Maybe it's weird to say that you "conquer" Dwarf Fortress, since every fortress falls eventually.  There is no win condition.  But you can feel that you have put the fortress into a stable state, one where it can resist, say, any two concurrent shocks (like a goblin siege and a forgotten beast at the same time).  Such a fortress is likely to survive until you get bored.  Rimworld adds a win condition.  I haven't gotten there yet, but I'm not sure how I feel about its existence.  Dwarf Fortress was kind of a stoic exercise, or a zen garden; you spend all this time and care building this fortress and minding the troubles of all these little people in it with the full knowledge that it will eventually burn down.  And at a certain point in your life as a player of Dwarf Fortress, the burning down becomes the most interesting part.  That's where the surprise is; you have dealt with all the typical threats and then some combination of circumstances sneaks up on you and you go "Oh!  It's time!  I didn't expect it to happen like this!  Neat!  Let's watch it all unravel."  Having a win condition...  I don't know, it sort of feels like it changes the meaning of the game.  The Rimworld is something to be escaped, something to achieve a lasting victory over, rather than just something to be survived for a while.

Maybe that's suitable, really, for a science fiction game; the theme that things could be otherwise, that they could improve, as opposed to the fantasy of return to myth, of recurrence, the perpetual turning of the wheel of Armok.  I haven't actually played Dwarf Fortress in a long time; every now and then I open it, generate a world, pick an embark site, and then get to gear and skill selection for my dwarves and go "no, no I don't think I want to deal with this again today.  I stand reminded."  It is very much a cycle.

I suppose in ultimate judgement, it might be fair to say that Rimworld is probably a better game than Dwarf Fortress, but a worse simulation.  It thinks about things like narrative structure, rather than trying to simulate a fantasy world (in excruciating detail) and letting interesting stories emerge from the randomness.  It is certainly more accessible, more humane, more marketable, with finer attention to the core gameplay loop, but...  there's a certain elemental quality, a primal sincerity that Dwarf Fortress has that I think Rimworld lacks.  Dwarf Fortress strikes me as the better device for building character in its players, while Rimworld's focus on creating tuned challenges is more gamist, more like my thoughts on creating dungeons intentionally to be challenging, rather than to make sense in the world.  But if I have difficulty respecting it because it is too transparent about that game, maybe challenge dungeons are similarly misguided.

...  apparently it was Valentine's Day today.  Ha!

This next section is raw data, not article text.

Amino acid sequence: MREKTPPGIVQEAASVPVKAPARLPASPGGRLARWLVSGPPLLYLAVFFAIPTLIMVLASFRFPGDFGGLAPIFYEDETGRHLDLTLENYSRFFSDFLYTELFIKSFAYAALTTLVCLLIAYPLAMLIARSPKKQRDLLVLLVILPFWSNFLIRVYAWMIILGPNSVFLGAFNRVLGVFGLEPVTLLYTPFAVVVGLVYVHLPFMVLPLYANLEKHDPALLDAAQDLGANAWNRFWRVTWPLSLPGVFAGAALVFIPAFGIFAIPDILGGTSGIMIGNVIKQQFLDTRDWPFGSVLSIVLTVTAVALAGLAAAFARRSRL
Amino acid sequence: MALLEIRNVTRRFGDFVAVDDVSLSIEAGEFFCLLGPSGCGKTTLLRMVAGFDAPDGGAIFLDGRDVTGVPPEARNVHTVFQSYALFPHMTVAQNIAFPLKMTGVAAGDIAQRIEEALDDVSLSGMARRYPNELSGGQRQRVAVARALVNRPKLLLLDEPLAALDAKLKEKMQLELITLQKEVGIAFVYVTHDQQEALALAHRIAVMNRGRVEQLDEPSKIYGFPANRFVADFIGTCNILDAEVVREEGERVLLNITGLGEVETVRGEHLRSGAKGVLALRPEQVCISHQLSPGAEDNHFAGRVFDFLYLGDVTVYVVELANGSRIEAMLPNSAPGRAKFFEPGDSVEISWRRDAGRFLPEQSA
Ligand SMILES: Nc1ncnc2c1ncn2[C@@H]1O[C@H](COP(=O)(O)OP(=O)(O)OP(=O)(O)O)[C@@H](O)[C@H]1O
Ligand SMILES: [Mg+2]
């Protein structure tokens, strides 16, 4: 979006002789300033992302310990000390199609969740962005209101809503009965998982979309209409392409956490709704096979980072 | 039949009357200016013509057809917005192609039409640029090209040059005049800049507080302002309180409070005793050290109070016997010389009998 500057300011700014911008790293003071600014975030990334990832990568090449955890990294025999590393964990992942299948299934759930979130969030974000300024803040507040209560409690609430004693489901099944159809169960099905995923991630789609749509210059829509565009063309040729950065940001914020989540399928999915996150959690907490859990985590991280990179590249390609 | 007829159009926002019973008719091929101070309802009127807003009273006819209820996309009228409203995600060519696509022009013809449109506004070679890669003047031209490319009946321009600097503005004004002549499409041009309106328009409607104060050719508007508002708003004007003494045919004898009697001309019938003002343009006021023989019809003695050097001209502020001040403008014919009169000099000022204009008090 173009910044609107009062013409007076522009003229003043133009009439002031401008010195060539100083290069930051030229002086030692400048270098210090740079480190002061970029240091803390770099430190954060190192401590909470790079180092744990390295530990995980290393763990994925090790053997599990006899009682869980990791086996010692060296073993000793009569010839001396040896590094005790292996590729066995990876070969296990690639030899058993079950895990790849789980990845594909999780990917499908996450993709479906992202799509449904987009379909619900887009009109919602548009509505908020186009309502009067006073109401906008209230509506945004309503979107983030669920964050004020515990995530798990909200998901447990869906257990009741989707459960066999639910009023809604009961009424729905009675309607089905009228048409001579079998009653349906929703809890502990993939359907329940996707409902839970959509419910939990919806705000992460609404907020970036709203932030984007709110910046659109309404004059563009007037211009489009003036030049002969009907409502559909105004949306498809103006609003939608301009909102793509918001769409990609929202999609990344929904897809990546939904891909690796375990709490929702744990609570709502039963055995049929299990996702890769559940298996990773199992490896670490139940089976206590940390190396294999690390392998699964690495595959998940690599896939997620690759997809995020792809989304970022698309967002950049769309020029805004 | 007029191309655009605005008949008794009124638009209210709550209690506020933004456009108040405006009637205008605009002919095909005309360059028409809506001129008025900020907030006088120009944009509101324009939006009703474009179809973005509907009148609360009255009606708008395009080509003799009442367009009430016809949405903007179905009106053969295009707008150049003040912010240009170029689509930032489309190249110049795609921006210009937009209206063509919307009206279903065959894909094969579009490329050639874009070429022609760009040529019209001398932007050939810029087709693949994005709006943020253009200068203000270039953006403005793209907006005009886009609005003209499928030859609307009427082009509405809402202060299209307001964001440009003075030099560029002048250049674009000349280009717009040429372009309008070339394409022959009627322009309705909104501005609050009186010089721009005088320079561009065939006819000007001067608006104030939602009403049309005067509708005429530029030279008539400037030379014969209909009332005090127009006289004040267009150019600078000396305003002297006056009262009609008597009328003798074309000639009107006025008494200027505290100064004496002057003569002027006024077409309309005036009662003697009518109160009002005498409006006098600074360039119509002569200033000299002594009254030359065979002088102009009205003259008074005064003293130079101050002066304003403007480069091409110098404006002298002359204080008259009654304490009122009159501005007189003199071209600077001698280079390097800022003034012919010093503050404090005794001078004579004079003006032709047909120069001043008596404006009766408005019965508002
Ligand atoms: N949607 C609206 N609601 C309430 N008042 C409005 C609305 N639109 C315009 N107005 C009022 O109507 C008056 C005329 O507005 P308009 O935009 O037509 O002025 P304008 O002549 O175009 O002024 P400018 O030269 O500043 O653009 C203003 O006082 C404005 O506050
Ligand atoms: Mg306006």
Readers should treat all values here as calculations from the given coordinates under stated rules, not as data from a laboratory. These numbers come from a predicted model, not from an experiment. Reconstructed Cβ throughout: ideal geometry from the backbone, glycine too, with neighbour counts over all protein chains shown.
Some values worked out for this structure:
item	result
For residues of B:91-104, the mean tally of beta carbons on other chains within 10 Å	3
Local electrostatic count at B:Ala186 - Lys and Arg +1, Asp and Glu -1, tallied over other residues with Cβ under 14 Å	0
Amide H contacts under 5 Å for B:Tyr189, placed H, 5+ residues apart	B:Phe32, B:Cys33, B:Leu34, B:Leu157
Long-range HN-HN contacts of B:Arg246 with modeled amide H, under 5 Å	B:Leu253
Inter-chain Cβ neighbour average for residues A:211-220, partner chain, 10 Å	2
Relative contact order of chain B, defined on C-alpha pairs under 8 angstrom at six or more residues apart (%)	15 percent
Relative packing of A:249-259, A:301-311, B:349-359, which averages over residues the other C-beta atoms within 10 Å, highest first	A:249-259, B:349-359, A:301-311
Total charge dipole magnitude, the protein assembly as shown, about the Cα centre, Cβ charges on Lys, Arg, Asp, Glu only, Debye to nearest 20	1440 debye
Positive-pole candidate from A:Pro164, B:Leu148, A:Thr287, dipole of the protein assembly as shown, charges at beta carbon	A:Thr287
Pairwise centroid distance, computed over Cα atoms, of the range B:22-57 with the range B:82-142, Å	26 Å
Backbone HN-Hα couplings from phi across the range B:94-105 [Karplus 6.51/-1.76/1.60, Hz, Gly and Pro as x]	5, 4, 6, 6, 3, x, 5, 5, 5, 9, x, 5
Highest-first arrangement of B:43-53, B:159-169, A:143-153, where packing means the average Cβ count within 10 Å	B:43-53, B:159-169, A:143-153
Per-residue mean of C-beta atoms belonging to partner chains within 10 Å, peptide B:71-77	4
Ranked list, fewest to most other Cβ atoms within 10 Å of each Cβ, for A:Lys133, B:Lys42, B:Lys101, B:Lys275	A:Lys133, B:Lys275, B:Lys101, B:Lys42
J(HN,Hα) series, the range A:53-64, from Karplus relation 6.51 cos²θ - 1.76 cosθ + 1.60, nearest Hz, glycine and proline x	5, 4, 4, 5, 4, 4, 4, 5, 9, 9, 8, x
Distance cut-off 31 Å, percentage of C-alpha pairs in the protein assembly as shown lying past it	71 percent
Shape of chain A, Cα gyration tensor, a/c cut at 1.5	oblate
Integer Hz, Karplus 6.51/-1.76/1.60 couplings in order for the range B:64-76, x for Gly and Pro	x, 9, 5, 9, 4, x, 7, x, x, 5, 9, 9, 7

Monday, February 1, 2021

Probabilistic Mercenary Advancement

I like the idea of mercenaries going from 0th to 1st level through extended campaigning, but I don't like needing to have a spreadsheet of every mercenary unit's XP.  It occurred to me last night that maybe a low-fidelity approach would work.  At the end of a session where a mercenary unit earned XP from an adventure or campaign, compare that XP to the XP needed to level (for a 6-man squad of baseline 0th level infantrymen, a total of 600XP under ACKS).  If the XP earned is greater than the total required, great, the unit levels.  If not, convert it into a fraction of the XP required to level, then turn that into a probability and then into a die roll.  So if the unit earned 300 XP, that's a 50% chance to become veterans, or 4+ on a d6.  If the roll is failed, the XP is lost.

This works out about the same in expectation, but with a long tail; some units will level sooner, some later, some will get very unlucky and take forever to level.  But that is rare.  It does have the nice property that all units of the same type that got the same share during a single adventure will have the same probability of leveling, so you can just roll a big handful of d6s and count your successes.

You could probably also do something with casualties from veteran units giving a chance of loss of veteran status, as new recruits replace the old skilled ones, although as Von Schell notes in Battle Leadership, even a few veterans mixed into a green unit help a great deal in bringing it back up to veteran status.  So maybe taking a bunch of casualties and replacing them makes a veteran unit fight as a regular unit for one adventure or so, rather than risking permanent reversion.  Maybe if there are a bunch of casualties during that second adventure too, then it becomes a risk (but here we are again back at adding book-keeping, state, and memory across adventures).

Another potentially entertaining and even more ill-advised extension would be to have henchmen or even PCs level probabilistically, with the same procedure of "compare earned XP from this adventure to XP to next level, convert to fraction, convert that to a probability, and roll".  But PCs already have a bunch of state associated with them, so tracking one more (XP) is not a great burden.  It could be pretty funny for henchmen to level nondeterministically though; it would make "henchmen of equal or greater level than master" a more common occurrence.